Aaanyway, I now want to emphasise on the best part of the workshop; the company I had.

I felt like after eighteen years, I finally found my planet, with my kind of people. The enthusiasts who have a deep interest in analysing movie plots, music videos and lyrics! The misfits who could go on for hours about The Hunger Games or LOTR! The weirdos who would gladly converse with you about stop-motion animation and the process behind the making of Frozen! The geeks who actually know what terms like ‘vector imaging’ means!

I mean, sure, I tend to find these people a lot since birds of a feather flock together, but they’re scattered all over the universe. In this context, we were all in the same room and undoubtedly burning with fiery passion.

It was like Tumblr in real life.

For example, I sort of used to talk a lot to this girl on social media. Let’s call her A. I don’t keep in touch anymore but I regularly stalk her because her life seems interesting because she’s a person who thinks out of the box and makes good art and travels a lot. A girl in my group (we’ll call her B) was from her school. I know a lot of people from her school so I just asked B some general questions. A while later, she mentioned that she was the editor of the school magazine last year. THEN I got excited, because I knew the editor of the previous year was A.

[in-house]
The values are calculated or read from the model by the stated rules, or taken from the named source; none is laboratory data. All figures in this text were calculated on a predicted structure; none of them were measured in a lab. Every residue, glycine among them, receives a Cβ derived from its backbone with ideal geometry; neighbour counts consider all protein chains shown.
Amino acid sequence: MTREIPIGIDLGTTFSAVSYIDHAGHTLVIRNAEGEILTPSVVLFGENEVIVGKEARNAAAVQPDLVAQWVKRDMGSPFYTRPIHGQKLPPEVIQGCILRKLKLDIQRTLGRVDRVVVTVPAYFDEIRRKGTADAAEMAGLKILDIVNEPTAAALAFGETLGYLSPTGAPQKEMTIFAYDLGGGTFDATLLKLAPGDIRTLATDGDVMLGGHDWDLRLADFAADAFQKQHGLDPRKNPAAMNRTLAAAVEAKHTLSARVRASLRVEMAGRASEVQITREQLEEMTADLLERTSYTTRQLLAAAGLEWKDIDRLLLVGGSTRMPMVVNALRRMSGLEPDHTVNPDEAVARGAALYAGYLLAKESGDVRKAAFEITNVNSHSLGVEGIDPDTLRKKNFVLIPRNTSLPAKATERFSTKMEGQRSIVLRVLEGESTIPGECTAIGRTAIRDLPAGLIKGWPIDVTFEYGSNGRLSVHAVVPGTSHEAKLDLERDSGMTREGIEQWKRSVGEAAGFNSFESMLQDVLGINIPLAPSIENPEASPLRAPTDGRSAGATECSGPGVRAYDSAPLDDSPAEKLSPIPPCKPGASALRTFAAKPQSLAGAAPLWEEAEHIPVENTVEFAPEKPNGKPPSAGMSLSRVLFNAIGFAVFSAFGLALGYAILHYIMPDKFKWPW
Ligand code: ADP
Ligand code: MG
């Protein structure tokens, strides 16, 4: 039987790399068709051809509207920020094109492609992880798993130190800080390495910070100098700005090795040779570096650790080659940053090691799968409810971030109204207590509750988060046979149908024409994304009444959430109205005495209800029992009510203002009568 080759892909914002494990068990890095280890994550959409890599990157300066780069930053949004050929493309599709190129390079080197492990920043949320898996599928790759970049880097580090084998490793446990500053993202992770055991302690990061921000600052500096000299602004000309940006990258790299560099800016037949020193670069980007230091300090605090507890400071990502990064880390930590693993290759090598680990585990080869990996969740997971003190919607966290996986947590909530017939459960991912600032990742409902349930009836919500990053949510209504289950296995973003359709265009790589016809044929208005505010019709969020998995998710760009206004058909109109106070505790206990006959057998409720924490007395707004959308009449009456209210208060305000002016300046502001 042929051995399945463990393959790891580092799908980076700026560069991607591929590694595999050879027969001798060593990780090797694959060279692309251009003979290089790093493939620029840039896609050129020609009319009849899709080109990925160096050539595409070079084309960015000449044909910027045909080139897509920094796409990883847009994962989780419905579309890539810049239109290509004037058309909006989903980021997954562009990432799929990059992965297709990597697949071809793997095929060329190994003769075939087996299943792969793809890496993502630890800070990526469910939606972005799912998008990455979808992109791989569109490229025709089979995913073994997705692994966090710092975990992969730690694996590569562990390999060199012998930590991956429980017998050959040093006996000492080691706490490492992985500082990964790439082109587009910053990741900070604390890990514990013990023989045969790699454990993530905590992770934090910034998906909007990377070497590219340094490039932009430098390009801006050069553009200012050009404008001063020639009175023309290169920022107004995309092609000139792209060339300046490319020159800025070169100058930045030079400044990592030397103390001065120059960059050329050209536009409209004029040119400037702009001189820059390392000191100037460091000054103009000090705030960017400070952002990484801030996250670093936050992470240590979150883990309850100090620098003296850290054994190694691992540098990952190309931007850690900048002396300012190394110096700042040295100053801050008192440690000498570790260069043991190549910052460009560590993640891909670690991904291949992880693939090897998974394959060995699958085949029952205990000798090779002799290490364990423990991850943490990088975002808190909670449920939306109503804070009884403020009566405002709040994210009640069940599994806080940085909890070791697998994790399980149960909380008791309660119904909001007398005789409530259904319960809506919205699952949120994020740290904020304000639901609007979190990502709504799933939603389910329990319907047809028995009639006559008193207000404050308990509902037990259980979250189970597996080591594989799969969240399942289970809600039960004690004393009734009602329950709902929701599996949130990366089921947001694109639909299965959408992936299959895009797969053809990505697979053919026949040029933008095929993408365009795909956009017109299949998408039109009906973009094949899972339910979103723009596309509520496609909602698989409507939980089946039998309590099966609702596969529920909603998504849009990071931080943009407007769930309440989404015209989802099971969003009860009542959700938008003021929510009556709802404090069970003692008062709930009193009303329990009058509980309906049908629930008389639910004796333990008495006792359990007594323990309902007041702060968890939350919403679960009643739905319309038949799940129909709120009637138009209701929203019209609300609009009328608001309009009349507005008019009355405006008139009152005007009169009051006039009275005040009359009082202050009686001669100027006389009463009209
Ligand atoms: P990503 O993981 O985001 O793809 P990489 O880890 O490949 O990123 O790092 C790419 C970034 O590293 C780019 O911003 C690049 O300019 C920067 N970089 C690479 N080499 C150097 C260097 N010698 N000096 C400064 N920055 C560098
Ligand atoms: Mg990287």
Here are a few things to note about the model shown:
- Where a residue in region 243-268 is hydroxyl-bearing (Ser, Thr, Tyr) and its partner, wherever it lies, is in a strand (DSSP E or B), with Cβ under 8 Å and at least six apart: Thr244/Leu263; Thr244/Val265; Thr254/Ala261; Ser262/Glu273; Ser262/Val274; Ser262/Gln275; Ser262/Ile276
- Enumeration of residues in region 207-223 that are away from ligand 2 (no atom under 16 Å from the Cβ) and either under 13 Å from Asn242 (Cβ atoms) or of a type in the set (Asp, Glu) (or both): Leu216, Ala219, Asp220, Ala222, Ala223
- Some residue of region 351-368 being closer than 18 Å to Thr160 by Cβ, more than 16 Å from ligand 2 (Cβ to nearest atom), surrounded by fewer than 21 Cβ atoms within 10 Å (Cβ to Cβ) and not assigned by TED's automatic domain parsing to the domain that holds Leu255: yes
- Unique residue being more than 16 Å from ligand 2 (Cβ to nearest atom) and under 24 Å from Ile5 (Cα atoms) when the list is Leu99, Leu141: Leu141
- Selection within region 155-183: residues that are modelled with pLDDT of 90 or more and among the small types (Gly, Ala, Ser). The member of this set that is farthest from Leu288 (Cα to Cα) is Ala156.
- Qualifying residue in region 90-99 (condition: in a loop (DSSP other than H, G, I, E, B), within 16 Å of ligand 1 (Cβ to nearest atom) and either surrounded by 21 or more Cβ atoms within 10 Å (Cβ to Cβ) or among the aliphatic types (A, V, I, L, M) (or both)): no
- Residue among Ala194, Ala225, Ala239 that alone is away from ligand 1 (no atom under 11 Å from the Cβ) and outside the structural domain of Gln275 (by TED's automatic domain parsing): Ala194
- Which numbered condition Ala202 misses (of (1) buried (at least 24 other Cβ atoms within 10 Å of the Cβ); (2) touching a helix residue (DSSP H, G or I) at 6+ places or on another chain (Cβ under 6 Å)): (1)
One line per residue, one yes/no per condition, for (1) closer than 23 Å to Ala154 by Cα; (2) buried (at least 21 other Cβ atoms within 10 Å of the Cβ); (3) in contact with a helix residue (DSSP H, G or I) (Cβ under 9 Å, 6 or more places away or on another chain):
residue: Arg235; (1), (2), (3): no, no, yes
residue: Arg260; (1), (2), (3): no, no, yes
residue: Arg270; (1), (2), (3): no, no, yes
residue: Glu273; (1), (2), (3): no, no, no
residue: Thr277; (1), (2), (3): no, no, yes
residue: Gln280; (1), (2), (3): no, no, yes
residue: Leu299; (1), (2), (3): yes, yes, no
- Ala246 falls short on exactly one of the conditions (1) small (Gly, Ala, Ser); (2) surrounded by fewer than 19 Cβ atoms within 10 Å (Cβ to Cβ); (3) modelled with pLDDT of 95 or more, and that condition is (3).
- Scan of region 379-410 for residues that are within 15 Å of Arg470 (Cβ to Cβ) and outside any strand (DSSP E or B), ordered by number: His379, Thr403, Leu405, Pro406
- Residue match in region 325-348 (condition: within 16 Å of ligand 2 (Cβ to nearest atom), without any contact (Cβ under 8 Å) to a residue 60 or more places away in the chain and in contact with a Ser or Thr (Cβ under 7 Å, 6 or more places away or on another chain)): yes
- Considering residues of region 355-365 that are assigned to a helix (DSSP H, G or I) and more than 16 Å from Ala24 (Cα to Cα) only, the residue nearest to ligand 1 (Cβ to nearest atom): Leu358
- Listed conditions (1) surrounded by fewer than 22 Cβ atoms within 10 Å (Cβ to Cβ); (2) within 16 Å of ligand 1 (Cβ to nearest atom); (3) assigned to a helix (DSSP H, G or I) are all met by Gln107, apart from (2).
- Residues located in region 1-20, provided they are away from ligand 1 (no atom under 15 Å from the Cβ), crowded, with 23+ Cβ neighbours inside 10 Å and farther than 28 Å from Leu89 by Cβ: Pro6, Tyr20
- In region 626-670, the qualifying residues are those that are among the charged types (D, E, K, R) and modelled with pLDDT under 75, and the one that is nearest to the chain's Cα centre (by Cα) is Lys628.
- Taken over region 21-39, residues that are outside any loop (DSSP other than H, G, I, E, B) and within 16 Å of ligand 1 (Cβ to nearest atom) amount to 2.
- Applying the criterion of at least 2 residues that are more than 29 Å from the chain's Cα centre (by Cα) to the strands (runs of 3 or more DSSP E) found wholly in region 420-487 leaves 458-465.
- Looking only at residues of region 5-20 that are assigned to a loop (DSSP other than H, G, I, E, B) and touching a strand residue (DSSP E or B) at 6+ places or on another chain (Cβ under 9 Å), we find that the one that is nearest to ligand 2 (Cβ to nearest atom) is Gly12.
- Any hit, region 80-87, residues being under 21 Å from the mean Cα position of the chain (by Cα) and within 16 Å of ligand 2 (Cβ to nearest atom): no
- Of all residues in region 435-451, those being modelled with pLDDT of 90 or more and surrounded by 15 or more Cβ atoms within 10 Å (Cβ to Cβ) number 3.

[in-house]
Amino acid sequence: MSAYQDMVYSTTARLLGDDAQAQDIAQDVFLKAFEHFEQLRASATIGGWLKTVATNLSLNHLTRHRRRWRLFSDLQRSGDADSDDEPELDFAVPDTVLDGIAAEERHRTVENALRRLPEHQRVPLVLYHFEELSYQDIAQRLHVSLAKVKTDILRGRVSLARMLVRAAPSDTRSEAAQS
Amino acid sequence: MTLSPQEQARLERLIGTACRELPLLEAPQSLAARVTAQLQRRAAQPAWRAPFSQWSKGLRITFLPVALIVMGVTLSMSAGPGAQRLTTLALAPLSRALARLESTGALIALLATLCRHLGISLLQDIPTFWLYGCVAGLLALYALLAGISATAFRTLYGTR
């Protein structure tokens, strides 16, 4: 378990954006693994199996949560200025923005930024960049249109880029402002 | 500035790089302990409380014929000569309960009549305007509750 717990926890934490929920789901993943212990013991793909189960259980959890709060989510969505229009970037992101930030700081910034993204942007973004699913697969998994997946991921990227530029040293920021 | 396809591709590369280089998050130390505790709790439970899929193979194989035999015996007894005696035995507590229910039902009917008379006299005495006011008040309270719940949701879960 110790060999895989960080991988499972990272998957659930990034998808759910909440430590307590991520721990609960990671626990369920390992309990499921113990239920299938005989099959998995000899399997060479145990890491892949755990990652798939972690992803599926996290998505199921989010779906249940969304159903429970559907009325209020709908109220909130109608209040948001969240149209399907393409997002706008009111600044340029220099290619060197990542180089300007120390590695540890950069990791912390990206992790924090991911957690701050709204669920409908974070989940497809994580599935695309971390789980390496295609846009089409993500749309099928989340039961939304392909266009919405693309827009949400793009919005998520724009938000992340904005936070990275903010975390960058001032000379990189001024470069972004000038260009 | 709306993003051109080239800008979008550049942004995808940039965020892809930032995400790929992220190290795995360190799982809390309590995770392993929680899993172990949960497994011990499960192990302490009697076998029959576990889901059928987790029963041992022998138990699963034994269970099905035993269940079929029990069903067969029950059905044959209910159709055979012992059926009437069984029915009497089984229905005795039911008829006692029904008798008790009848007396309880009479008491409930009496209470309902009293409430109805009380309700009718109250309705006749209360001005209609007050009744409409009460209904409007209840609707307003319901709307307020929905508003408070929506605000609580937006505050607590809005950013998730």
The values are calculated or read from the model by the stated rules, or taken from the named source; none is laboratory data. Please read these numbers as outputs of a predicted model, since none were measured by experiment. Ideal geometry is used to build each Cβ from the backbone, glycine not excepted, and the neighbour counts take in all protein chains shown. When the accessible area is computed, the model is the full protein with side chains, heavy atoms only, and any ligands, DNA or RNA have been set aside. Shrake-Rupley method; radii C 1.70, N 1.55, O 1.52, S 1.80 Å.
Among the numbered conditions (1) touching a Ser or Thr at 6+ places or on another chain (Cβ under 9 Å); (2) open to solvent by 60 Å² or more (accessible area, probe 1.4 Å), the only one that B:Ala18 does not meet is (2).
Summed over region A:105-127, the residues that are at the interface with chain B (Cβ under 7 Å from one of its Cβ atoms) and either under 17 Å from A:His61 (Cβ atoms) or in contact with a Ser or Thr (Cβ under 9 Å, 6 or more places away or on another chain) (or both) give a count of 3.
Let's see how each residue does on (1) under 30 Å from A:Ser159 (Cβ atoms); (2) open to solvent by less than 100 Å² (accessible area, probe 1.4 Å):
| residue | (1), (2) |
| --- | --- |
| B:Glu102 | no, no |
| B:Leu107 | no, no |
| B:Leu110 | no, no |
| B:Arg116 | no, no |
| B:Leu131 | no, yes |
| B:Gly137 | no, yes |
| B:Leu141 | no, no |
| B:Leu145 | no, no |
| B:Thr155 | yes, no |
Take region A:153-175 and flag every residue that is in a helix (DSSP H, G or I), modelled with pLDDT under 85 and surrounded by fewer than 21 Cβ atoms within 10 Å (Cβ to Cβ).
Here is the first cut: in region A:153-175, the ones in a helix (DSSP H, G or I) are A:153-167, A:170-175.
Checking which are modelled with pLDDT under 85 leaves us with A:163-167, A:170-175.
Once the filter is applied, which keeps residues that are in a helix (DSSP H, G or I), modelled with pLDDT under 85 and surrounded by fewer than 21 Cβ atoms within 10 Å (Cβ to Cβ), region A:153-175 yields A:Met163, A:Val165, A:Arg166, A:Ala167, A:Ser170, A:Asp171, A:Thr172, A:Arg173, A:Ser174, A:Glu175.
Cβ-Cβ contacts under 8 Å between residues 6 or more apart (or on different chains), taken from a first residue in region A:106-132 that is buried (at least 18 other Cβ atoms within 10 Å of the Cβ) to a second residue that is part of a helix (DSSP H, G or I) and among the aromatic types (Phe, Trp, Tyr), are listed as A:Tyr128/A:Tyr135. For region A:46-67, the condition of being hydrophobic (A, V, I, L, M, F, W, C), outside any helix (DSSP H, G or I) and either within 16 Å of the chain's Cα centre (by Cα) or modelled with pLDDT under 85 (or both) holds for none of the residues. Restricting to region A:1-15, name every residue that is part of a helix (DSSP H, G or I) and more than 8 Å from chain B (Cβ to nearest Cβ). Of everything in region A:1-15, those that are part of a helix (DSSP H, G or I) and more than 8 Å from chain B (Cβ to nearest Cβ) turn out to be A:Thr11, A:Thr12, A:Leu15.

So I talked about how pretty the design for the yearbook was, blah blah blah, A designed it didn’t she,  the colour scheme was beautiful, blah blah blah. Then B got as excited as I was, because apparently she was the one who coloured it!!! I was just like… wow.

THESE KIND OF CONVERSATIONS USUALLY ONLY HAPPEN ON THE INTERNET!!!

Well, for me.

Anyway, yeah, Workshop IMpossible was a thrilling experience and has awakened my eagerness even more to venture into the creative industry.